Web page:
AI will even be the primary combatant in dealing with a tremendous increase in world population, an increase that will test and stress the limits of food production and innovative methods of agriculture. In the midst of an expected food scarcity will arrive the boon of AI; these systems will revolutionise agriculture by increasing labour productivity exponentially, incorporating new AI technologies that will increase crop yields, thereby providing better estimates and predictions in a variety of factors related to agriculture and crop yields. In fact, as a testament to AI, a company called Cainthus recently created a facial recognition system that is capable of recognising every single animal in a herd by analysing the shape of their faces and detecting diseased animals, so herders can easily identify the animal that requires immediate medical attention, and, if necessary, will cull those for efficient herd management.

The proliferation of primary education in nearly every nook and corner of the world is easily one of man's most cherished victories in modern human history; much to the dismay of the glittering trophy, the basic foundation provided by primary education is a bit too rudimentary for it to be useful in everyday life, and thus large numbers of high school graduates without higher education have chosen the road to the blue collar industry. Throughout the last few decades, the introduction of different types of technology influenced a larger portion of students to pursue higher education-in fact, the percentage of students going to colleges in the US rose by 18 per cent between 1970 and 2015. As AI mechanisms and machines are used to fill blue collar jobs, it will cause a rapid surge in demand for skilled, professional jobs that require special training and provide better wages, leading to a larger number of students choosing to go to colleges and universities in order to have a better chance of landing a job. The effect was mammoth-like. 

Amazon's Alexa, Apple's Siri, IBM's Watson, machines capable of writing and reporting news themselves, robot bartenders-  these add up to a techno-frenzy that's definitely hard to digest in a short period of time. The development of AI is an unending parabola. Definitely, AI has developed at a supersonic pace since the concept came to the fore and to this date the improvements and innovations that have been made to AI, all at a blazingly fast pace, to make it suitable for multiple different purposes, has been stupefying. Yet the pace of innovation, as suggested by Moore's law, will reach a stage where it is hard to efficiently absorb everything. In fact, there are instances where this occurrence is taking place already; it takes nearly 6-10 years for even the best, most revolutionising websites of modern day to truly aggrandise and make a global impact. Mathematically speaking, a time will come when humans will not be able to keep track of the latest innovation and hence the next new innovation will roll out into the markets before humans have even adjusted and adapted themselves to a previous breed of technology.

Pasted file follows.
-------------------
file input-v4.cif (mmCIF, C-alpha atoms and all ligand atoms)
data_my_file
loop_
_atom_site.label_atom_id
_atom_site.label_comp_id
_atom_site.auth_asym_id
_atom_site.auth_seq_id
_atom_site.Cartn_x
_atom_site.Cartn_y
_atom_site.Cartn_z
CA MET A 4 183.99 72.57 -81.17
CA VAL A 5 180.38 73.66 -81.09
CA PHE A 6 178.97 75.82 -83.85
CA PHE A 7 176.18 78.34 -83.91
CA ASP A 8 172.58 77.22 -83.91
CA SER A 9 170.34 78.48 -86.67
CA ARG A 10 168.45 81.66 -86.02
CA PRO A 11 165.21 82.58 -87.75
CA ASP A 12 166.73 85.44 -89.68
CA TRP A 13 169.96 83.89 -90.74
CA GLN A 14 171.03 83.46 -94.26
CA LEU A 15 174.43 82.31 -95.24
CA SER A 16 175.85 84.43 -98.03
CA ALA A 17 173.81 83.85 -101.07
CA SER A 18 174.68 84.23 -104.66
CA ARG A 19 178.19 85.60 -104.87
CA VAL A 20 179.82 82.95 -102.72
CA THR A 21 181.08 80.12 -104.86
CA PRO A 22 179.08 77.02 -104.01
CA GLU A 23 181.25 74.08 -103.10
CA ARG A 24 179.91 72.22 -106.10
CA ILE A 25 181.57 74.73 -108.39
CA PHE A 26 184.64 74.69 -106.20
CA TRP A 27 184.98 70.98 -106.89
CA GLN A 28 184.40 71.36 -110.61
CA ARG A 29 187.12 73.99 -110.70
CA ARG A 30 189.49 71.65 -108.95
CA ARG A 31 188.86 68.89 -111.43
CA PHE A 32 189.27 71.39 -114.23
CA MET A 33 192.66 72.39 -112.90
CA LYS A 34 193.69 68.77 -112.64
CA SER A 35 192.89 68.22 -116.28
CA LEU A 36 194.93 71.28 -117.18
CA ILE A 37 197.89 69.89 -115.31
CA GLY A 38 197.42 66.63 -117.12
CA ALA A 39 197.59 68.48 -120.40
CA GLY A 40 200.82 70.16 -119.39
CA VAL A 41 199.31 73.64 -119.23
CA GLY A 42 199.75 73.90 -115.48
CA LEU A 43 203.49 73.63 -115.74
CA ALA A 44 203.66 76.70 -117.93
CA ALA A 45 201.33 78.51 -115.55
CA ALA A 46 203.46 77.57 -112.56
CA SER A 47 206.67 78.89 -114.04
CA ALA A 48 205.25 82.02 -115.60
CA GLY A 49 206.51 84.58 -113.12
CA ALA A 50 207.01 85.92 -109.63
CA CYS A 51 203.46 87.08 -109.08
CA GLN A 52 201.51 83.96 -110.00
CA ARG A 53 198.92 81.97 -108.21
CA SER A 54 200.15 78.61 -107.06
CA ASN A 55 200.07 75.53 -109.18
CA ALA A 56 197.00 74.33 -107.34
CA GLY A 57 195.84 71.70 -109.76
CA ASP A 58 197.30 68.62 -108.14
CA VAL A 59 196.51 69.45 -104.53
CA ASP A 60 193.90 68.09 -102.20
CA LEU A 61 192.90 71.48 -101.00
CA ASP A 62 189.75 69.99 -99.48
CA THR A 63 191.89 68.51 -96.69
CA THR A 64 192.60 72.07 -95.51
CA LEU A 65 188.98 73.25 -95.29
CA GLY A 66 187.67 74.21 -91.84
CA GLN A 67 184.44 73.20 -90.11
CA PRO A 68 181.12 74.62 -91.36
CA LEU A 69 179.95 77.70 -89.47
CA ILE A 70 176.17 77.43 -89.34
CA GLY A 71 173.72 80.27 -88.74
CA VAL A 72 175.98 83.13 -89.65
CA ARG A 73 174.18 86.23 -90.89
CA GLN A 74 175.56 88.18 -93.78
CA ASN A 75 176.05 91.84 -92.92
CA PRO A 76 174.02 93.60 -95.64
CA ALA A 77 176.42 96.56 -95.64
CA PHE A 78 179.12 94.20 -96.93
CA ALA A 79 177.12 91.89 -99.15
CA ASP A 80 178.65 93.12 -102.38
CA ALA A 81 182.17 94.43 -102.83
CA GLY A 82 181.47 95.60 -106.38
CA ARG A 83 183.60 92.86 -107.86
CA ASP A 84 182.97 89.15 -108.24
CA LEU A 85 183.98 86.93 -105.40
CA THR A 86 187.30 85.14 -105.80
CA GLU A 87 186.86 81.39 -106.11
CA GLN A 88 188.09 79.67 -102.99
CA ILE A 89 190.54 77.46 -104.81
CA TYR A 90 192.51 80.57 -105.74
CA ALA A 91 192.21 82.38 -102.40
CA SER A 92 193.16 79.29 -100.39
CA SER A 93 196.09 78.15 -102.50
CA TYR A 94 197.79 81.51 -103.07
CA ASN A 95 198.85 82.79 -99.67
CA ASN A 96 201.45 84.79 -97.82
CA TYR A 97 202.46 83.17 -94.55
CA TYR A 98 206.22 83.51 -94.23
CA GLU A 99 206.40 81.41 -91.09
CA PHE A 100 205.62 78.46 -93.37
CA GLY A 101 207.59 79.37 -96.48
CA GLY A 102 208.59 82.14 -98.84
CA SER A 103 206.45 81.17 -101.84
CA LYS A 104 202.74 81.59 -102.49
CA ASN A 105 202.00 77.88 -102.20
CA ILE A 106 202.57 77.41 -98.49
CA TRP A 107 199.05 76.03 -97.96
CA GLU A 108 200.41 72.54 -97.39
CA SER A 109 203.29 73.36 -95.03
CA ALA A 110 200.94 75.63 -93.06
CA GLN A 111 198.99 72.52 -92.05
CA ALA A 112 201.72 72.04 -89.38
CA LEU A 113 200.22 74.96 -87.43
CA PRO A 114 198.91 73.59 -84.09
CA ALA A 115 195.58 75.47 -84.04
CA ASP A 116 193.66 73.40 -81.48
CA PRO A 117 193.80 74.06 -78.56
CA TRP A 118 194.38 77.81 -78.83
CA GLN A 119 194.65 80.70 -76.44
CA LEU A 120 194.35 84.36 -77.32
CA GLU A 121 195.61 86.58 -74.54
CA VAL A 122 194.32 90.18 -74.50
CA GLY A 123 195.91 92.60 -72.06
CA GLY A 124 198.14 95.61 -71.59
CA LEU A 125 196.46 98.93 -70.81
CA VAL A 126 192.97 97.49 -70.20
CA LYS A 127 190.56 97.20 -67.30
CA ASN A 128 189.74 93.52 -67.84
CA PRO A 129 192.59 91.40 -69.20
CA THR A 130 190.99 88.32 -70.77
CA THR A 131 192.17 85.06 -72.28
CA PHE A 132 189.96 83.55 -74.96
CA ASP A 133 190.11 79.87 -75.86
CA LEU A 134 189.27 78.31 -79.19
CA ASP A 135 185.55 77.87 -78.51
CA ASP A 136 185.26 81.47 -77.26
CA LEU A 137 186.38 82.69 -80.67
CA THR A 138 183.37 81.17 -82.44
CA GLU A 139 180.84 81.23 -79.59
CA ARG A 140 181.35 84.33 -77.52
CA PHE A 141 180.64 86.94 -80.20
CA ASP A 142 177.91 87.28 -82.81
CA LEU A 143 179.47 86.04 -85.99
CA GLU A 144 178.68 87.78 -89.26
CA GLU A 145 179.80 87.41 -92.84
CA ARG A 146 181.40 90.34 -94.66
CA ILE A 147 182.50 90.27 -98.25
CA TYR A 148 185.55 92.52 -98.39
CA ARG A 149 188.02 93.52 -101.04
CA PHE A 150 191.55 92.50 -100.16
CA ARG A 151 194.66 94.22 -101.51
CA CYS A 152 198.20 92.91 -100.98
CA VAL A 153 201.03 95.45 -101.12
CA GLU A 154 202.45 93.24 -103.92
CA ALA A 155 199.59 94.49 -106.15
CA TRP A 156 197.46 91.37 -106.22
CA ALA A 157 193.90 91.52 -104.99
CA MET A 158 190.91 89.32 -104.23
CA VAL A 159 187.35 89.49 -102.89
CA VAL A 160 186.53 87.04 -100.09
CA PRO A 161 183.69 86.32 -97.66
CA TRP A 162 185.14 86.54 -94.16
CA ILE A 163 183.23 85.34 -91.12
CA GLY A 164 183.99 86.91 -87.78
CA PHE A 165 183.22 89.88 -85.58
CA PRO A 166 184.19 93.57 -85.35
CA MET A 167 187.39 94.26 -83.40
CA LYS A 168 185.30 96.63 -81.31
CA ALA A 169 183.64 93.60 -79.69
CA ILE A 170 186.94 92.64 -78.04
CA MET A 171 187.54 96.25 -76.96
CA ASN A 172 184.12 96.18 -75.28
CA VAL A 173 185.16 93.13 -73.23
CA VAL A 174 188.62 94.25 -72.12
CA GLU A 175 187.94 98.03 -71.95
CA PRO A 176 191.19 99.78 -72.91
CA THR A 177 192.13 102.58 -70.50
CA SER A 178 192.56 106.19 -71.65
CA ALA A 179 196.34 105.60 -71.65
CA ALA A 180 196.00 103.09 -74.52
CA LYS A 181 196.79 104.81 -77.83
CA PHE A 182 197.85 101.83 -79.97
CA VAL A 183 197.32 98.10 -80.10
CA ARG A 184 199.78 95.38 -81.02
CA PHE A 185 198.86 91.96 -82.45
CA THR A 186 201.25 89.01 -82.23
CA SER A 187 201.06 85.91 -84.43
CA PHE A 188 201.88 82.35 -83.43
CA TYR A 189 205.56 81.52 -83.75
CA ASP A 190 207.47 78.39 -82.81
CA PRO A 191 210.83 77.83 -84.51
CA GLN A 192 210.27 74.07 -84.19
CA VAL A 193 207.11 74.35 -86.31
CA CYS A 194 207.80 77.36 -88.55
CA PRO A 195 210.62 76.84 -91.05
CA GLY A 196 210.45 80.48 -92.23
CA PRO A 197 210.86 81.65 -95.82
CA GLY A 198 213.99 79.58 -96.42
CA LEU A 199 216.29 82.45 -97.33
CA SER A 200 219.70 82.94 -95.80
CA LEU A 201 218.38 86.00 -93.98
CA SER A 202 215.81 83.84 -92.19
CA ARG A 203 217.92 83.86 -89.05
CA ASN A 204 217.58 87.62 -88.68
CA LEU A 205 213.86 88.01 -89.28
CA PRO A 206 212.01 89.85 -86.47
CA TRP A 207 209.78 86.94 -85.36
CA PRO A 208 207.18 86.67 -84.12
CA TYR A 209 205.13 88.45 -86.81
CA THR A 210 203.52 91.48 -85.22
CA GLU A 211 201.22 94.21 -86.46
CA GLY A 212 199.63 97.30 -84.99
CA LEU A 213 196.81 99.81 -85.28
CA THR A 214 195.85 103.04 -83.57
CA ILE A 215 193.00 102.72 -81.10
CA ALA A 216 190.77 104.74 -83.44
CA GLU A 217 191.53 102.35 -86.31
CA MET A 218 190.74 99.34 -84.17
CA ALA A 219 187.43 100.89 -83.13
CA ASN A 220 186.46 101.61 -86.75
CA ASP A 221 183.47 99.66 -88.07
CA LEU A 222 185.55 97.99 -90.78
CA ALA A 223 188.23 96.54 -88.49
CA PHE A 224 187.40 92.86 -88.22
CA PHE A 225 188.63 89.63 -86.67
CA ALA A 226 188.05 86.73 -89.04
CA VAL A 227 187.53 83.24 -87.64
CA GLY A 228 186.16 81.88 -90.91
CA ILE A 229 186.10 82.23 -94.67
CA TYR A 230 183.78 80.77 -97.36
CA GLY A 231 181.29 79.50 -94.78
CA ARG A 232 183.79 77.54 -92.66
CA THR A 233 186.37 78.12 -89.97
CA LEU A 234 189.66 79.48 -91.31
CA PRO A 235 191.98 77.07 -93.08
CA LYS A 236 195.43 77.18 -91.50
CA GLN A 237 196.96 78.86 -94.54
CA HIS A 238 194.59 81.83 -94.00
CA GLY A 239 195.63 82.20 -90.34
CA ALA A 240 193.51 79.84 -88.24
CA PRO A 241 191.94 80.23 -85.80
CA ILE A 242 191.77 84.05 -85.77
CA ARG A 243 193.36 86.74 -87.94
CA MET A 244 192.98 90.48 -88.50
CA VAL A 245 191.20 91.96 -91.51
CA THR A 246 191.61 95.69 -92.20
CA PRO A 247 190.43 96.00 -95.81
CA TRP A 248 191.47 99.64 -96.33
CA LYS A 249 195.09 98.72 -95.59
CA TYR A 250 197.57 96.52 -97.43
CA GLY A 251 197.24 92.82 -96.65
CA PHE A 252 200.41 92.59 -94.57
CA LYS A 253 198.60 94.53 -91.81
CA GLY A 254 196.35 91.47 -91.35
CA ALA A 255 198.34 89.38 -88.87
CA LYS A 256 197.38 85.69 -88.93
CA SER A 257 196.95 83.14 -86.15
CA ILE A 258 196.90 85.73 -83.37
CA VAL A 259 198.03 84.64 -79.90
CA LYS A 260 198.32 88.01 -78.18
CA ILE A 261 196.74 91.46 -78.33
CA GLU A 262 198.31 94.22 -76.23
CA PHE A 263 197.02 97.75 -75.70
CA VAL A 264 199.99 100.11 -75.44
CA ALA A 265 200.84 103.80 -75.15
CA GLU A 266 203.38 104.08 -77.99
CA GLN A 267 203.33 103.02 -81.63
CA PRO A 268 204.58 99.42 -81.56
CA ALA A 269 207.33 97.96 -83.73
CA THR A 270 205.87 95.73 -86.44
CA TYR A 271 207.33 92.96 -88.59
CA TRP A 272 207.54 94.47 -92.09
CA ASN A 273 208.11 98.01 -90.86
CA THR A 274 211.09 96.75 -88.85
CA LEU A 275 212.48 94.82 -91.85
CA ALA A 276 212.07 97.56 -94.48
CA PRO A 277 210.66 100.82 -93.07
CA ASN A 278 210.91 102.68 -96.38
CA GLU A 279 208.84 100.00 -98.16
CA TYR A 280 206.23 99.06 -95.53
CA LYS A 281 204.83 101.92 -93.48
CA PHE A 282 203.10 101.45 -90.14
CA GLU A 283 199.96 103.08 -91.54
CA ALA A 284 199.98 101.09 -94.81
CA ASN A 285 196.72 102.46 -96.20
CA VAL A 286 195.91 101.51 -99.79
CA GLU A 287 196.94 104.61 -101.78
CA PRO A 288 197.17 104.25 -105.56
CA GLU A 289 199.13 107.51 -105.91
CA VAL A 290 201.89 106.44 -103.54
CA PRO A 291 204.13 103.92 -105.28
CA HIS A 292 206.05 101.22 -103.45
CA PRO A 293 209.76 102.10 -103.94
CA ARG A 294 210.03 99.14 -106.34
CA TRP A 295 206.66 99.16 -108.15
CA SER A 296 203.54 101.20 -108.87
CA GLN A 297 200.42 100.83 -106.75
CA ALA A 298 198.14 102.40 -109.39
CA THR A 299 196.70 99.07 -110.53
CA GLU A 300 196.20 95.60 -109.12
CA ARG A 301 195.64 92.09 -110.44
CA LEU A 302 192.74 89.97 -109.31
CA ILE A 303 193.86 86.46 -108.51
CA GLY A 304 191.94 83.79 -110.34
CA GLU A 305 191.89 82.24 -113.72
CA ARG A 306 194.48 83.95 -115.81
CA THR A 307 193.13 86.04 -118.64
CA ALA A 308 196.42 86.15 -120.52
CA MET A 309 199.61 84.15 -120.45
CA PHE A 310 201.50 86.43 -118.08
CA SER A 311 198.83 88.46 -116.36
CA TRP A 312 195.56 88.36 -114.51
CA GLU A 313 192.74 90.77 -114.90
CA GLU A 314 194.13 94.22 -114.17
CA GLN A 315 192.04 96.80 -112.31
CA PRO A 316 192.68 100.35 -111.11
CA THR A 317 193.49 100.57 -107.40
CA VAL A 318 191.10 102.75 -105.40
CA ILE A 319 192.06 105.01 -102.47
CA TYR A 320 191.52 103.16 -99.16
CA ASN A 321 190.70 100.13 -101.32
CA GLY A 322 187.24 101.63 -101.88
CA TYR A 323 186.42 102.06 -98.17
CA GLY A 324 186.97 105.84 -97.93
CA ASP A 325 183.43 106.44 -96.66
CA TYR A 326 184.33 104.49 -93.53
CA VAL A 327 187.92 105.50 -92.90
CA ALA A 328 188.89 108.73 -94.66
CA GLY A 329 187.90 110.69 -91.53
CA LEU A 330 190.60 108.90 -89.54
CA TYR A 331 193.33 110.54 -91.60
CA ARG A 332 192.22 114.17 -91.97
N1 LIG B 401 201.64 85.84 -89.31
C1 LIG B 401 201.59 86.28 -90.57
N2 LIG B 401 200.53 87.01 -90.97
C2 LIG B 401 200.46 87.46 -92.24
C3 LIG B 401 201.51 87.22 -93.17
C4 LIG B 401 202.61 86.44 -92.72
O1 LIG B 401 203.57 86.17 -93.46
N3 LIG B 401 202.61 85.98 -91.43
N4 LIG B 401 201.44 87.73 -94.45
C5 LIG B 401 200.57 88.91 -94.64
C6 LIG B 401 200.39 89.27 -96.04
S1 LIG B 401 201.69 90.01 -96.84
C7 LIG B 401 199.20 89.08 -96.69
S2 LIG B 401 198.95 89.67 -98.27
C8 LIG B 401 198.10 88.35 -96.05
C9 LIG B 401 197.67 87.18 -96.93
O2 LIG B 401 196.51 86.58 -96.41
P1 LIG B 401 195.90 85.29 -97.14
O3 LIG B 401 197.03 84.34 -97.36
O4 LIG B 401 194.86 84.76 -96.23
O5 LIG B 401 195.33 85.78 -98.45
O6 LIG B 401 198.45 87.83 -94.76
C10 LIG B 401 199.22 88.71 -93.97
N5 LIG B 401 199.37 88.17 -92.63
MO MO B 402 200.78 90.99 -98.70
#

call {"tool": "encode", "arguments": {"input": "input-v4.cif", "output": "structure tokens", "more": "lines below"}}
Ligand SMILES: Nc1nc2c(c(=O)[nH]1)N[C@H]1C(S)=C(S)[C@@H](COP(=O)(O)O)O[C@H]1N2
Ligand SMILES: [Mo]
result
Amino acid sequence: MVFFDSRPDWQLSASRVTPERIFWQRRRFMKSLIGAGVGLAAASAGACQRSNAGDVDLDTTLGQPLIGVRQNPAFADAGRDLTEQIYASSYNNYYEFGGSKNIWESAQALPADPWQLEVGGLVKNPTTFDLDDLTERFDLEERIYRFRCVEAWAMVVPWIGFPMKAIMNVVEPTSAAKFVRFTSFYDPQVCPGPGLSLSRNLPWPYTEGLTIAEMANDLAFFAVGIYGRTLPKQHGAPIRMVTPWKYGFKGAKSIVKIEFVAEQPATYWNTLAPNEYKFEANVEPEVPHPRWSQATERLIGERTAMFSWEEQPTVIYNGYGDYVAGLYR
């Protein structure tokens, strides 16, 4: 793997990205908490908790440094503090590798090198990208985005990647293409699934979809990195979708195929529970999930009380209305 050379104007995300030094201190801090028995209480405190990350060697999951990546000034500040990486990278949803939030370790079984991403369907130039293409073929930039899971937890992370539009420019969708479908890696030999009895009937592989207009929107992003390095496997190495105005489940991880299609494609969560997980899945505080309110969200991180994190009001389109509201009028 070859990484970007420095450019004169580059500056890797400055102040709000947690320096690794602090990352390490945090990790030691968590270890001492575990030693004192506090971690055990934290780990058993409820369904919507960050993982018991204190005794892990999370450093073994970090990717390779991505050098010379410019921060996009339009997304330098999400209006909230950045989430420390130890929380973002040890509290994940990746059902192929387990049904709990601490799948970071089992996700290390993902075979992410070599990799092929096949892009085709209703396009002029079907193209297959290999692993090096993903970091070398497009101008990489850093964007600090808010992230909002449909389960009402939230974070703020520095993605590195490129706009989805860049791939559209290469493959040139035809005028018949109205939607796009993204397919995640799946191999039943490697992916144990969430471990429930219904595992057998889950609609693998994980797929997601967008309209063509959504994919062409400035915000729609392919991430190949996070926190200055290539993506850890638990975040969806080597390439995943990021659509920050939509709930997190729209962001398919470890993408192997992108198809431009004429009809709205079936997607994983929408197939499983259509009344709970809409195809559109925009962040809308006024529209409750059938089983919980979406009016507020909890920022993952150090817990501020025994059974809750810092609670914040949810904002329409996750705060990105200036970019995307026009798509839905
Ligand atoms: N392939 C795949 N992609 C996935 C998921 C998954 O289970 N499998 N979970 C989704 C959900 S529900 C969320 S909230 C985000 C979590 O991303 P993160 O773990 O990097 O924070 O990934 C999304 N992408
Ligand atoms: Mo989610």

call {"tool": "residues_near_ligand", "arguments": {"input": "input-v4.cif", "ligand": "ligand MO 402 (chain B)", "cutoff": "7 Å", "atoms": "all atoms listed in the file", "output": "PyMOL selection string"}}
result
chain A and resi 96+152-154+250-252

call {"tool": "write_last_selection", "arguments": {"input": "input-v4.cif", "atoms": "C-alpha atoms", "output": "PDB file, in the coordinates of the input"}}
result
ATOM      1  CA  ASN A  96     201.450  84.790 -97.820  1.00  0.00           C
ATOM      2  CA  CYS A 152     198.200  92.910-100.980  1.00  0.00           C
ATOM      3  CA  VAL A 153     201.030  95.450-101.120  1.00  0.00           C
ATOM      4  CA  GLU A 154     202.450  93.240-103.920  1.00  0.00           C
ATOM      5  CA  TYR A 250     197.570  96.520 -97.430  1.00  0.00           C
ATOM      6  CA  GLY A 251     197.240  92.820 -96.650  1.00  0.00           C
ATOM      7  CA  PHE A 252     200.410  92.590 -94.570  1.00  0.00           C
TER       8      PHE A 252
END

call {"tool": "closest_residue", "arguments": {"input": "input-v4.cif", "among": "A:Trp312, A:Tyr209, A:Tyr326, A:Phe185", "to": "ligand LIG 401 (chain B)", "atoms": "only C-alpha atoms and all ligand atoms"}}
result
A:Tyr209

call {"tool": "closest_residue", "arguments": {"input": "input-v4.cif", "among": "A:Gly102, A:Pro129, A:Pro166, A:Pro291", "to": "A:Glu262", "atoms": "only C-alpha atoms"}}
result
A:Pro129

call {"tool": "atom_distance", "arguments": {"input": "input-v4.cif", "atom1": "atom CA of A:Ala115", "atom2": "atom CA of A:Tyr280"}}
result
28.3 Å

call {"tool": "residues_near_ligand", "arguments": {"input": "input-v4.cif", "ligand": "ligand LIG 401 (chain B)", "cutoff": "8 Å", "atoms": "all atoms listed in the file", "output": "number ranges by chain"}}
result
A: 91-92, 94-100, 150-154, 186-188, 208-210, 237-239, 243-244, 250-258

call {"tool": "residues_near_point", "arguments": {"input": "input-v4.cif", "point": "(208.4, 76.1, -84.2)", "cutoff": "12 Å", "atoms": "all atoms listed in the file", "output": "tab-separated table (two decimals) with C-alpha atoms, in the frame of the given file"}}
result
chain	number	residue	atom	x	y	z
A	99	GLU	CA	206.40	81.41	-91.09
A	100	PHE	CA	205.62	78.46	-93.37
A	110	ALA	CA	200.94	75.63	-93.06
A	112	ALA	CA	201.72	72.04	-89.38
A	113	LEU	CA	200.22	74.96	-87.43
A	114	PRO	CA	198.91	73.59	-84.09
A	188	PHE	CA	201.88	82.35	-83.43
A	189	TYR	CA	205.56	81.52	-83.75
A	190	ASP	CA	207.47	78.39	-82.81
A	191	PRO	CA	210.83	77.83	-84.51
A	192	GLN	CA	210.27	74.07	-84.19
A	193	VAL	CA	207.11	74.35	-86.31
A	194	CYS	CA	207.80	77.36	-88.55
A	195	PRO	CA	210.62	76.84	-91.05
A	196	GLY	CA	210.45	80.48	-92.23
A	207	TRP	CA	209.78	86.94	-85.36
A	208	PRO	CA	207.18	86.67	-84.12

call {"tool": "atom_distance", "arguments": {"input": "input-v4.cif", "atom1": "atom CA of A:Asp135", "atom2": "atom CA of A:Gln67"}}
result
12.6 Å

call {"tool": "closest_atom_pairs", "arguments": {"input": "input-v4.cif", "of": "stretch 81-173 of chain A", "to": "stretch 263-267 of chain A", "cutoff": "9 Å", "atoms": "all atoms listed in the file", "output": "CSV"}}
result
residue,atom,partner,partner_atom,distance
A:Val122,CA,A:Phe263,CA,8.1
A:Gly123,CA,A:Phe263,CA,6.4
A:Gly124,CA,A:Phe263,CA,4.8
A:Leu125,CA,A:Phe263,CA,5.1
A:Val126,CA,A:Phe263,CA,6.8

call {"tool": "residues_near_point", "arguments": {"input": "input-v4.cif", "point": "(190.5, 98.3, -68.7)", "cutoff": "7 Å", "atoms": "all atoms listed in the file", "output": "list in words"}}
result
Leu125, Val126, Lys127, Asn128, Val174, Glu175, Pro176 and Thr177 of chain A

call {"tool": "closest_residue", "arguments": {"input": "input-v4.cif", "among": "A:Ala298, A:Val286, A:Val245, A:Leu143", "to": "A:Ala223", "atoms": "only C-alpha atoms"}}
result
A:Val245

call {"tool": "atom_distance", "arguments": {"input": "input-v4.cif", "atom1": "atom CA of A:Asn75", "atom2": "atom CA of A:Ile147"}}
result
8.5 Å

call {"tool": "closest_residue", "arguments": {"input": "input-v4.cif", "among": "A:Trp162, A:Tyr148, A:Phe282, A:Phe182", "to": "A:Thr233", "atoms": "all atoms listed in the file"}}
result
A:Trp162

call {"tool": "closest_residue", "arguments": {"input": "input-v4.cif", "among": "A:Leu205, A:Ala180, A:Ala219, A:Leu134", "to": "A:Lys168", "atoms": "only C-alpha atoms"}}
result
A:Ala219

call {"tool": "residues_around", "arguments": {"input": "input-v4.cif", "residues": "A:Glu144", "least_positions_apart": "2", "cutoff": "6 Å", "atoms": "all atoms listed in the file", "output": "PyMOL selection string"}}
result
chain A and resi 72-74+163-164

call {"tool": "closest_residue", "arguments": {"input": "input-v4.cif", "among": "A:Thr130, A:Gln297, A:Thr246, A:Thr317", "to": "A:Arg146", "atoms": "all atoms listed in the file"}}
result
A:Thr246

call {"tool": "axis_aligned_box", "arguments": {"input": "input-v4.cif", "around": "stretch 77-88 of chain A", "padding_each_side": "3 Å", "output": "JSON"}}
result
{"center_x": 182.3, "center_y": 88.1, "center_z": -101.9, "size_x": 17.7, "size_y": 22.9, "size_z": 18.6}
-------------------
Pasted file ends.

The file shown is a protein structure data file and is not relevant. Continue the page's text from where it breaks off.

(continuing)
Many believe that AI will swallow the future labour markets, as it will be incorporated into virtually every single field and potentially replace a considerable amount of the human workforce, as much as 90 per cent, leading to large-scale unemployment globally. Although, it is true that AI will increase the production of the manufacturing sector as a result of boosted labour productivity and hence make commodities cheaper for the masses, the end result, tragically, is somewhat a peculiar type of hyperinflation. Most of the financial resources and funds will be in the hands of large corporations and companies, leading to only a select few benefitting from AI. This grip of large companies on global finance will only keep expanding and growing as that of the general masses will shrink to nought. In the long run, this will erode productivity in people, serve as a catalyst for a financial crisis and lead to unfair distribution of monetary resources across the globe.

AI may be a powerful force that can be the alchemist's dream as well as the demon that will swallow the world; however, it's important for mankind as a race to approach this alien technology with a good knowledge of its impact and good understanding of it's implication- let us hope our future will produce numbers of metallic Einsteins.

pchowdhurry@hamdenhall.org